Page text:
Analyzing our 2021 garden: overview and planning for 2022 and beyond

With snow on the ground and temperatures dropping, this is the perfect time to look at how our gardens did this past year, compare it to the year before where we can, re-examine our goals, make some adjustments, and use that information to plan on what we will do next year.

Because we went from a pretty small garden the year before, to a much larger – and spread out – garden this year, I will go through things in more detail in later posts. For now, I just want to do an overview.

When we first moved out here, we worked out a multi-year plan. The first summer would focus on clearing and cleaning up the inner yard. The second year, we’d continue working on cleaning up the spruce grove and start working on the outer yard while maintaining what we cleaned up in the inner yard. The outer yard, we figured would take another 2 or 3 years.

With this plan, we would have been ready to start gardening around year five. Which would have made it next summer. Instead, we started our first small (ish) gardens in 2020. We had a few beds in the old garden area, and planted in the newly uncovered, soft soil found under the old wood pile. We were not very ready for gardening at all, but really – if we only ever did things when we are “ready” to do them, nothing would ever get done! 😉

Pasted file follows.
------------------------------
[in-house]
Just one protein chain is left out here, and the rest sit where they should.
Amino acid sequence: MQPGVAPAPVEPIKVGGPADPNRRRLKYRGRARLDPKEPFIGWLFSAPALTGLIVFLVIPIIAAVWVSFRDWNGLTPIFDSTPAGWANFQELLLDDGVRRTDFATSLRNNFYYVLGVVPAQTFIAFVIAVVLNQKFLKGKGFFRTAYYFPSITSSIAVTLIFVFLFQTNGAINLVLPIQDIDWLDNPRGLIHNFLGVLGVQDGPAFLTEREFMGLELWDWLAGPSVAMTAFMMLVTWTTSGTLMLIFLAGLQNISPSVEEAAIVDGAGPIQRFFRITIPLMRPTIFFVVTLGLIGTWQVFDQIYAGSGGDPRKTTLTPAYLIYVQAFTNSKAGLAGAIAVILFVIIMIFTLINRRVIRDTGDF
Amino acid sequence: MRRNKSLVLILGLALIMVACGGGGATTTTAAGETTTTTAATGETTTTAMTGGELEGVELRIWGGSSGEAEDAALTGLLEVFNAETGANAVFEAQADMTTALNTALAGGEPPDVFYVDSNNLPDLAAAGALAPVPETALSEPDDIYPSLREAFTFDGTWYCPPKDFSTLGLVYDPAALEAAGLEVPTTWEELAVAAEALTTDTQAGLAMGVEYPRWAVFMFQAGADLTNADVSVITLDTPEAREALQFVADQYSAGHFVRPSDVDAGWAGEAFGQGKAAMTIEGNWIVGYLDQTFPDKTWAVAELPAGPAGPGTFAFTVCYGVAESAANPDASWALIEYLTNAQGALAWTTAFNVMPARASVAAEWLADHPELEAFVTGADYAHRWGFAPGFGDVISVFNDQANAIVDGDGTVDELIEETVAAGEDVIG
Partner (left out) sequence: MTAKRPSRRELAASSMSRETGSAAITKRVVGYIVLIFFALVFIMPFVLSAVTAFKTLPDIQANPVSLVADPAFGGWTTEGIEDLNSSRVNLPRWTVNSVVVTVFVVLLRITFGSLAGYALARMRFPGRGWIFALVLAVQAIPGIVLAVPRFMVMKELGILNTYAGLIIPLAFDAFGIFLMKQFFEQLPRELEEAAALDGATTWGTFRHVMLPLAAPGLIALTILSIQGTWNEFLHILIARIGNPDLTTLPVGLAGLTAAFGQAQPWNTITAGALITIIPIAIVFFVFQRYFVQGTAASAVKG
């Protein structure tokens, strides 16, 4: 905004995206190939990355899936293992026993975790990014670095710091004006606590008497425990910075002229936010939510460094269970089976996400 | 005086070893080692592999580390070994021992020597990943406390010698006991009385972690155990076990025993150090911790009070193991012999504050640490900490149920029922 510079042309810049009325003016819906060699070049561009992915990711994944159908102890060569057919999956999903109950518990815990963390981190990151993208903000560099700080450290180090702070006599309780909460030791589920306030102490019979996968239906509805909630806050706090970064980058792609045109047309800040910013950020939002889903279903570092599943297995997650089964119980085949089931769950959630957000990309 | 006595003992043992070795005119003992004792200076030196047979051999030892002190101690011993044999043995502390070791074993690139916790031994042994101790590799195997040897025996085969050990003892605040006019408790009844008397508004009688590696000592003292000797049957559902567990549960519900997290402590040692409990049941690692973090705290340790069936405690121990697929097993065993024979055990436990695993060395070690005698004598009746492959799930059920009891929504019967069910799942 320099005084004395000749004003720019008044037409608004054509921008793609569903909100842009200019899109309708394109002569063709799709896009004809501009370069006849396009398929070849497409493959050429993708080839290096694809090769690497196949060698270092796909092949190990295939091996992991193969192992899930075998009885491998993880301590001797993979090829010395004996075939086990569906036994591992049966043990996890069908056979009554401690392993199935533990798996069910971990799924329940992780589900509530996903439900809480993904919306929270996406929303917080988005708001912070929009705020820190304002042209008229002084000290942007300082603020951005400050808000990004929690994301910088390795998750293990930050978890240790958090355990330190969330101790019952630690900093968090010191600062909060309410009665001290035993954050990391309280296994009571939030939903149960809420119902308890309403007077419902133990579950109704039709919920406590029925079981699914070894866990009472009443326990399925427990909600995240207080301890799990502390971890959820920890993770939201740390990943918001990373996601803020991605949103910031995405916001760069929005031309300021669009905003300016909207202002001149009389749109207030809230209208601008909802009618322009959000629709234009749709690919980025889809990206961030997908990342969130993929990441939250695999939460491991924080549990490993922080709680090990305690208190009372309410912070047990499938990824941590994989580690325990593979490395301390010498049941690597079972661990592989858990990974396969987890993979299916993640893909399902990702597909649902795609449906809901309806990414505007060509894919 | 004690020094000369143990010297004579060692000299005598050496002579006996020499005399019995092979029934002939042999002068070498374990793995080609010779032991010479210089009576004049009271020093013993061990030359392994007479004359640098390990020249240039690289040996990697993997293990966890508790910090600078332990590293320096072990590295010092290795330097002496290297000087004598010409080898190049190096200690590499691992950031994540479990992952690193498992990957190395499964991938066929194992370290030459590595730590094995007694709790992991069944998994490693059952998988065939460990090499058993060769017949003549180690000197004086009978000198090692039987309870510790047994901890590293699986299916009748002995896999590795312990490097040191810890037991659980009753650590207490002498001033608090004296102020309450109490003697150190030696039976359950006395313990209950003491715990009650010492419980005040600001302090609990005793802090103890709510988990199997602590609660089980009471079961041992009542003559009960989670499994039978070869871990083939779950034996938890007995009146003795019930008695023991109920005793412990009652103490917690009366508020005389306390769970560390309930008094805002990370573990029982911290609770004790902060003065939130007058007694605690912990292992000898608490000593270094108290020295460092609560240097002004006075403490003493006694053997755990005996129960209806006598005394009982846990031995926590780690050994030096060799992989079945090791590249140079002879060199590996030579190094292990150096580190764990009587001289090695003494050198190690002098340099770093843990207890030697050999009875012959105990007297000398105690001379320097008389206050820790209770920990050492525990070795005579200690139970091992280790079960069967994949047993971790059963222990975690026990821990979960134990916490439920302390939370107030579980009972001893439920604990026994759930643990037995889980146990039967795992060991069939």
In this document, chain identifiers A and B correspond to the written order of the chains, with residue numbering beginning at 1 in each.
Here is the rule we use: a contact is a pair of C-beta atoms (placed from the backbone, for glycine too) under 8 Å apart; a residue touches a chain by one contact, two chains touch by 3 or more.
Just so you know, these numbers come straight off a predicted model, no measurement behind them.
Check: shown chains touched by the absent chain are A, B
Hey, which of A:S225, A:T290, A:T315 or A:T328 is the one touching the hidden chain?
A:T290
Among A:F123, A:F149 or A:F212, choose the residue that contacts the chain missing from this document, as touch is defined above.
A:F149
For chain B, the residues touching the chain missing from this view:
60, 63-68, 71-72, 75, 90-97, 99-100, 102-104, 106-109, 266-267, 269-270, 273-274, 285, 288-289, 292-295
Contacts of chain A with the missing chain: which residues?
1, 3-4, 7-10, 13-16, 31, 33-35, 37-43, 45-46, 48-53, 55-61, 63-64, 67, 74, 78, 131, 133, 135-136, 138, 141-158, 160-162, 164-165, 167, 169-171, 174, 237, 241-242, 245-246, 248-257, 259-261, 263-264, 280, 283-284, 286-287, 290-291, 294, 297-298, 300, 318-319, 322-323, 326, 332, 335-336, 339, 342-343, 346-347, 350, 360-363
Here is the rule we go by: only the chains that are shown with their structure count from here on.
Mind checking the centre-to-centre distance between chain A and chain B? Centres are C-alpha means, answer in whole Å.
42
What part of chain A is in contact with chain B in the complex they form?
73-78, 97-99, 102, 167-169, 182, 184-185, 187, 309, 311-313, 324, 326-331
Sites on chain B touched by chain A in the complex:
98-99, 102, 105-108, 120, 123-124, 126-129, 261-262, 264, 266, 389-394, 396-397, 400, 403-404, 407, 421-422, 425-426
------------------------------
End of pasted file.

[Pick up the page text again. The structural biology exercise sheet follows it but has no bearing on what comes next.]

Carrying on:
This past year, we kept our main goals, and added some new ones. The main goals have stayed the same. Ultimately, we want to be as self-sufficient as possible. That means growing as much of our own food as we can, in quantities sufficient to store or preserve enough food to last us through to the next garden season. So, not just through the winter, but until we can start harvesting fresh food from our garden again. (Animals will be part of the picture, too, but for now I will focus on plants.)

While we certainly didn’t meet that goal this year (nor did we expect to, yet), we did make progress. And I must say, I love being in a position to start working on a meal, realizing we’re out of onions or garlic in the kitchen, and simply popping into the root cellar to grab a bunch.